Last-minute 2021 Planning?

2021 planningChances are you left a lot of planning to the last minute in 2020. It’s hard to make long-term plans when the short-term future is so unpredictable. But I think this past year gives us a great example of why looking forward is always better than looking back. For the most part, companies measure learning by looking back. How much did we deliver? What were our completion rates? Looking back on 2020 won’t exactly prepare us for 2021, but it’s not too late to take what we know and make plans for the future.

So, what were people measuring during the year of the pandemic? Unsurprisingly, what they always measure – completion rates and learner satisfaction scores. However, there is something worth building upon. According to the results of a joint study between Brandon Hall Group and Litmos, more companies were regularly using things like employee engagement, customer experience ratings, customer satisfaction, and leadership effectiveness ratings to measure learning than were using course grades and assessments. This is a huge step in the right direction.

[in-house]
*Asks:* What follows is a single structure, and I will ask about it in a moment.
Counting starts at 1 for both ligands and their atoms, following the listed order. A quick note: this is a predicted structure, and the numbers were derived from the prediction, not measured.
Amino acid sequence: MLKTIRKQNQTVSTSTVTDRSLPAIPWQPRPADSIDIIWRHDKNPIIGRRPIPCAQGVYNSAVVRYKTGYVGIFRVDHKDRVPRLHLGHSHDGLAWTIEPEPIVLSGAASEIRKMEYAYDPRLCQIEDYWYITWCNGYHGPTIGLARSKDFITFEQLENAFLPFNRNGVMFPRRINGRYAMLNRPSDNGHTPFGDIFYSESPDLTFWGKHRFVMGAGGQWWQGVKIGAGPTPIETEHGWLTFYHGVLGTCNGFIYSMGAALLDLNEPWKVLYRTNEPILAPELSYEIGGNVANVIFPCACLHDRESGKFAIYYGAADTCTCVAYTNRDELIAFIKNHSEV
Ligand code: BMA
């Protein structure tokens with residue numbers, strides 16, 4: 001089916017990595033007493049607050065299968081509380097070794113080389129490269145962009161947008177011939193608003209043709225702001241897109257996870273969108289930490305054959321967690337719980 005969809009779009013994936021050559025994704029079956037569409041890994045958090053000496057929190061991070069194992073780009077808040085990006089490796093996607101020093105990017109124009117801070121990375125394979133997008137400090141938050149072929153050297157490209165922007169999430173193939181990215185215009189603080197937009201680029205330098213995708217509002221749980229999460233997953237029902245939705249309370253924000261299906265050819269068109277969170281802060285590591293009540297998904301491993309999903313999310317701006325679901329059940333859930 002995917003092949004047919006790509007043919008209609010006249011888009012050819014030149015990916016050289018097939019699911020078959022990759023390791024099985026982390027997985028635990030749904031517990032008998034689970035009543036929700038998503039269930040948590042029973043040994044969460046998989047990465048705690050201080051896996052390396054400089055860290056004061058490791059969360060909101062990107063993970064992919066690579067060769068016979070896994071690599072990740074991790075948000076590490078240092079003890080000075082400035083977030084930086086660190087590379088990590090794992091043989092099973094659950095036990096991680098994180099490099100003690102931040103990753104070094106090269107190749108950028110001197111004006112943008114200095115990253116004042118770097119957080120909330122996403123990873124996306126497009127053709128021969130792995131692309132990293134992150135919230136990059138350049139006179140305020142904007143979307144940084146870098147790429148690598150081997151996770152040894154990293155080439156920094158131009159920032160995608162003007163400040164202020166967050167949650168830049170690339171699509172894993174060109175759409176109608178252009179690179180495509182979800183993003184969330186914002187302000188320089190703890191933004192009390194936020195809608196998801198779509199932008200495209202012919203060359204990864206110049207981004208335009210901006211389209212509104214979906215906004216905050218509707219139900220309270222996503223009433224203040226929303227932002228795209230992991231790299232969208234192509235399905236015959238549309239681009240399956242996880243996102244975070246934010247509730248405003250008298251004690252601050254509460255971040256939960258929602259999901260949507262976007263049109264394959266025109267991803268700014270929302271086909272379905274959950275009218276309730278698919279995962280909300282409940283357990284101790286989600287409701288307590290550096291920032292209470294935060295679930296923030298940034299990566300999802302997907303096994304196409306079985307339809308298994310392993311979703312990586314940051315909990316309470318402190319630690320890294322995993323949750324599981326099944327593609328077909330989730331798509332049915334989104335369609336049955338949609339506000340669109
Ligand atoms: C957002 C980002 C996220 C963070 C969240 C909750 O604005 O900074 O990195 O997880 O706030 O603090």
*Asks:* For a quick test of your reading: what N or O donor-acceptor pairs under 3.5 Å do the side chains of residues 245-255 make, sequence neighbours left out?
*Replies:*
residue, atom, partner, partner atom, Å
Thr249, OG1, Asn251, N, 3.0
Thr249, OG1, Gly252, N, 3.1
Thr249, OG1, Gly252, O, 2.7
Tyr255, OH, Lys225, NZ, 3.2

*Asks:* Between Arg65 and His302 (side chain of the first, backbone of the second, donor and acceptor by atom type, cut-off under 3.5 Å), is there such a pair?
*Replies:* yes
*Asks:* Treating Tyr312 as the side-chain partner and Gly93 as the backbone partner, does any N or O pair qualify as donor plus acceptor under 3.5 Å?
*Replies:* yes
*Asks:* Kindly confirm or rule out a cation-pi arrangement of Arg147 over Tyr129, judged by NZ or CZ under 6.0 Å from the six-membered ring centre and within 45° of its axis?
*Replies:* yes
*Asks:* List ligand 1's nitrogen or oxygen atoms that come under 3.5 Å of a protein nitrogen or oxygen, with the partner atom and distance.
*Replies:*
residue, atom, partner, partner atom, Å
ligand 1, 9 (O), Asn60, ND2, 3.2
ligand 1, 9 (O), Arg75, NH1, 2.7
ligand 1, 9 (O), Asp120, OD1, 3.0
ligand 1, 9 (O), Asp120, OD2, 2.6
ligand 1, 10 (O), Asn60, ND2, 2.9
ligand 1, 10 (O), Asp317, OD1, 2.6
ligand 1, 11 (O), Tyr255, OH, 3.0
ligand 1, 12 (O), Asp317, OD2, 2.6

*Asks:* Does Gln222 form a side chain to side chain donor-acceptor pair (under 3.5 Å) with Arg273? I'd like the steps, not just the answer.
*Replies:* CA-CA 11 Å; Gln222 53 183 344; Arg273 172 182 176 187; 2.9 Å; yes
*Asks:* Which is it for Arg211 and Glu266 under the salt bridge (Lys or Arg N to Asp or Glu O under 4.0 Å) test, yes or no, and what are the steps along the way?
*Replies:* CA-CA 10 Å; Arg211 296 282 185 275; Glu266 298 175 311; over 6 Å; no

Here some other outcomes more than half of companies are using regularly to measure learning:

  • Cost reduction
  • Turnover reduction
  • Revenue Growth
  • Risk mitigation

Now that we are in 2021 it is more critical than ever that companies begin to identify the metrics and KPIs that will give them a true picture of learning’s ROI and impact on the business. The pandemic has impacted business strongly enough that most have reassessed what their goals are for the next year. Learning must reflect those changes and set up a framework to measure outcomes aligned to the new business goals. In 2020, only one-third of companies were calculating the ROI for learning as it relates to meeting specific business objectives.

Since everything else is changing – where people work, how they communicate, how training is delivered, etc. – it is the perfect opportunity to transform the learning measurement strategy to fit the new needs of the business. L&D must get involved as a strategic partner to the business and demonstrate just how learning and training will get the organization where it needs to go.